A Note to Readers– It might help to know that this post is an expansion of my thoughts from an article posted 2/18/22 on Chip Conley’s wonderful website, The Modern Elder Academy in his Wisdom Well blog. If you have come from that post or have arrived here by intention or accident, “Welcome!”  You will find the additional content in bold below. 

I’m Still Learning
Expanded Thoughts

As I look at my tattered, 1969 copy of “Man’s Search for Meaning,” I am reminded of Dr. Viktor Frankl’s influence on my life these past 50 plus years.

One of Dr. Frankl’s noted insights:

“Between stimulus and response is a space. In that space is our power to choose our response. And, in our response lies our growth and our freedom.”

It’s surprising that I still have my original copy of “Man’s Search for Meaning,” from freshman year at Lewis & Clark College, Portland, OR.

Learning is a life-long endeavor and one that never stops. For me, one of the most meaningful parts of the journey is becoming more self-aware. How can I become my own witness? How often do I engage as an observer? What is it like to be with my own thoughts? How can I sit in an emotional state, especially an unpleasant one…be it anger, jealousy, regret, grief, shame, or sadness?

Learning is a life-long endeavor and one that never stops. For me, one of the most meaningful parts of the journey is becoming more self-aware. How can I become my own witness? How often do I engage as an observer? What is it like to be with my own thoughts? How can I sit in an emotional state, especially an unpleasant one…be it anger, jealousy, regret, grief, shame, or sadness?

It wasn’t until I found yoga, meditation and breathwork that I truly began this inner journey with greater regularity and focus. I had therapy in the 1980’s and 1990’s which inspired a tremendous amount of introspection. Somehow the movement of the body, combined with breathwork and with sitting alone with one thoughts, for me anyway, creates a sense of integration and connects more of the dots.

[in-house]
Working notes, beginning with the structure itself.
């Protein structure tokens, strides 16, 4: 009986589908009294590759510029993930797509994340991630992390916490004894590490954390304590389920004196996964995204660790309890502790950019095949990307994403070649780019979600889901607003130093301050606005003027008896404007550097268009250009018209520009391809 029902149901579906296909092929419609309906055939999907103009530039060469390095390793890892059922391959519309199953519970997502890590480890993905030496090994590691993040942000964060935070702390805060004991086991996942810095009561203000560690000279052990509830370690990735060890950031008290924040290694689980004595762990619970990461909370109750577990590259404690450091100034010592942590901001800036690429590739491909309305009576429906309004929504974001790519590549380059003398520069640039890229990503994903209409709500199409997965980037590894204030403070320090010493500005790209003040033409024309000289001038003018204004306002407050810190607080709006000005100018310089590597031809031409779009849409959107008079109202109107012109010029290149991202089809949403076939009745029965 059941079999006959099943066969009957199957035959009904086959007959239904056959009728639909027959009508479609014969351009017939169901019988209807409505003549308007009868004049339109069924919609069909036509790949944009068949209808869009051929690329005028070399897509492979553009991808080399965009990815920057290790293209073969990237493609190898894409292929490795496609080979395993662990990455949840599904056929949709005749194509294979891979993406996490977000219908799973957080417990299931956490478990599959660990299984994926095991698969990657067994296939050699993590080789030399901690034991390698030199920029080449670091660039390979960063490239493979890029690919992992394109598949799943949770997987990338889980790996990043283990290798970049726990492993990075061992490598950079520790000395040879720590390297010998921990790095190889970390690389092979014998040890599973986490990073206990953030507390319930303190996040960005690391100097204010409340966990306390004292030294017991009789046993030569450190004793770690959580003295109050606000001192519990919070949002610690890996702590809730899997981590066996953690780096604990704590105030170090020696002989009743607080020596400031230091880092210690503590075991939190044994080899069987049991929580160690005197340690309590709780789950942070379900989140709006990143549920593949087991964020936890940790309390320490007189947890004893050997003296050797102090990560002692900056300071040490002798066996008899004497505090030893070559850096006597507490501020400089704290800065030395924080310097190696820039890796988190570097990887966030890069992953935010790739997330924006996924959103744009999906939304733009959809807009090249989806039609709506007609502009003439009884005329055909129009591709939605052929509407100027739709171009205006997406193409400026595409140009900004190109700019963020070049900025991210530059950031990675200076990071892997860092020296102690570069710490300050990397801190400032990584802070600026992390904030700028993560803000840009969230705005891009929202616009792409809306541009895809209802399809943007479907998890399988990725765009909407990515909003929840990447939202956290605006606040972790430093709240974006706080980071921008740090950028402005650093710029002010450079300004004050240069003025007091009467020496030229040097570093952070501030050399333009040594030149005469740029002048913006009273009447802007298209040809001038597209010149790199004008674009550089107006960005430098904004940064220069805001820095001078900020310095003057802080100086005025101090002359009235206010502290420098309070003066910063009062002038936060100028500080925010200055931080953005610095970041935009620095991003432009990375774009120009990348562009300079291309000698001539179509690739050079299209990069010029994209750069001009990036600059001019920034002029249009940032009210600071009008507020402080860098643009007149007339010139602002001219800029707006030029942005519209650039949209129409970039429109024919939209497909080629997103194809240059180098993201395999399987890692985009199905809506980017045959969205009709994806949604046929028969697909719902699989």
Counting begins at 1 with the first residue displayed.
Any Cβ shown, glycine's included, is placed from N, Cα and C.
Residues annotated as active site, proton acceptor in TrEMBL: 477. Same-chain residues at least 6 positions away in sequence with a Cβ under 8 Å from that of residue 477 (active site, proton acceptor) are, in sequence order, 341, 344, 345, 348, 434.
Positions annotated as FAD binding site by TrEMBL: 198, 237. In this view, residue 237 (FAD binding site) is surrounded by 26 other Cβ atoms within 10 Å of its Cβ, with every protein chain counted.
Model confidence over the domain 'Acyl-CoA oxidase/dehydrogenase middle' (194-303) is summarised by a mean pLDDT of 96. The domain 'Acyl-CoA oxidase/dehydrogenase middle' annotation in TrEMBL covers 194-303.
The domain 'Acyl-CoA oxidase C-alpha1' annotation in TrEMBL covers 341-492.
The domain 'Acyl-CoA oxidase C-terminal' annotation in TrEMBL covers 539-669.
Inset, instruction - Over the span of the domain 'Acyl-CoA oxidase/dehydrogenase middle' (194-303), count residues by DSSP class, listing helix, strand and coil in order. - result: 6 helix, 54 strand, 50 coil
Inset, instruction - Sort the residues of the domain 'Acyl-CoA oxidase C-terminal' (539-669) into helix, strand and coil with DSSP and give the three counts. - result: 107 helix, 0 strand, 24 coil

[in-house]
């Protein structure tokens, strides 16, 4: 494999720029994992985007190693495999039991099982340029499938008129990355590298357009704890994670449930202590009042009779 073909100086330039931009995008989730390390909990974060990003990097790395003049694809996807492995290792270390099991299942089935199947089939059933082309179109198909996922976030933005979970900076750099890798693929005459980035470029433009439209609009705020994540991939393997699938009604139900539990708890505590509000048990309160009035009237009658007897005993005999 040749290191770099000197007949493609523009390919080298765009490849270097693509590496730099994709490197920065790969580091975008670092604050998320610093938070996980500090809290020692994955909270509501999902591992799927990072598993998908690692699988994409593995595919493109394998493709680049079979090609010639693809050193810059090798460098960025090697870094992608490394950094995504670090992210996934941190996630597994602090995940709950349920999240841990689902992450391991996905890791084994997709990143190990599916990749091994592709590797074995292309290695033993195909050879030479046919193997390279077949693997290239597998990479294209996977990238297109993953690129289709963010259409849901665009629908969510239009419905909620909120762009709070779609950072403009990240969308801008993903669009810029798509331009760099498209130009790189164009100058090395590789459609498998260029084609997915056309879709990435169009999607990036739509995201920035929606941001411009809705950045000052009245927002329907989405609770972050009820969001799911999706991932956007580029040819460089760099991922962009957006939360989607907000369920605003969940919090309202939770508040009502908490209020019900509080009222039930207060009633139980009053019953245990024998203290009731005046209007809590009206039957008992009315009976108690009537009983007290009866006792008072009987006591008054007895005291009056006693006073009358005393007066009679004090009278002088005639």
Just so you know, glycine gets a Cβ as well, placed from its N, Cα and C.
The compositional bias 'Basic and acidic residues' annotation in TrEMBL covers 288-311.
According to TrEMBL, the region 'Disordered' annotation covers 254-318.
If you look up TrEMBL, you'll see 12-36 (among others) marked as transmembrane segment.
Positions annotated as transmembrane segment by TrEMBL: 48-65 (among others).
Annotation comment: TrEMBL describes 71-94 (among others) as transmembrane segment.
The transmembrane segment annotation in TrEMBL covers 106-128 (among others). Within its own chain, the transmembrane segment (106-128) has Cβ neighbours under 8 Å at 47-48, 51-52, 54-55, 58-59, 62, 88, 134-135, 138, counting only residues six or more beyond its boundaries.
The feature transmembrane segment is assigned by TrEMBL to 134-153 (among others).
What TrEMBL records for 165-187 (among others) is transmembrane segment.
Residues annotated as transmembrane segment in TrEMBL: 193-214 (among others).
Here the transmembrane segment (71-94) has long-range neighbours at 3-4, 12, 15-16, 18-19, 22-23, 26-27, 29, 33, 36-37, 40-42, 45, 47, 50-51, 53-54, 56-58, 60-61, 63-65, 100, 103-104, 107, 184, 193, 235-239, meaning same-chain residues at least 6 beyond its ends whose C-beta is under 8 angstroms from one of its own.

The answer to these questions starts with stillness, sitting or standing in one place long enough to let my body, my emotions and my thoughts settle, unplugged from all devices and digital distractions. In this stillness, I am with my own thoughts and feelings.

Digital distractions. I am grateful for Steve Jobs and all “smart” things created by Apple and Silicon Valley. This access to abundant information has created an unintended consequence, for some, an addiction to our digital devices. I know something is not quite right when I pick up my phone for no apparent reason. I often just like holding it.

Am I present in my own body? What am I feeling? What is the nature of my thoughts? What thoughts might I associate with my ego-mind, and what thoughts may be coming from my higher self, what I call my best self?

As children and young adults, at least in western cultures, we’re rarely taught to listen to our bodies. We weren’t even taught to pay attention to our intuitive nature. This sixth chakra, this seat of intuition, is our internal GPS, and it is always operating for our highest and best good. However, if I can’t be still enough, will I ever hear the messages?

I am still learning to respond rather than react. This is accomplished through  self-awareness, the ability to step outside of myself and be conscious of an internal reaction. I may feel my heart rate increase. I may feel thirsty with a dry mouth, or a feeling in my gut signaling a lack of well-being. These bodily receptors lead to a perception of sensations from inside the body called interoception.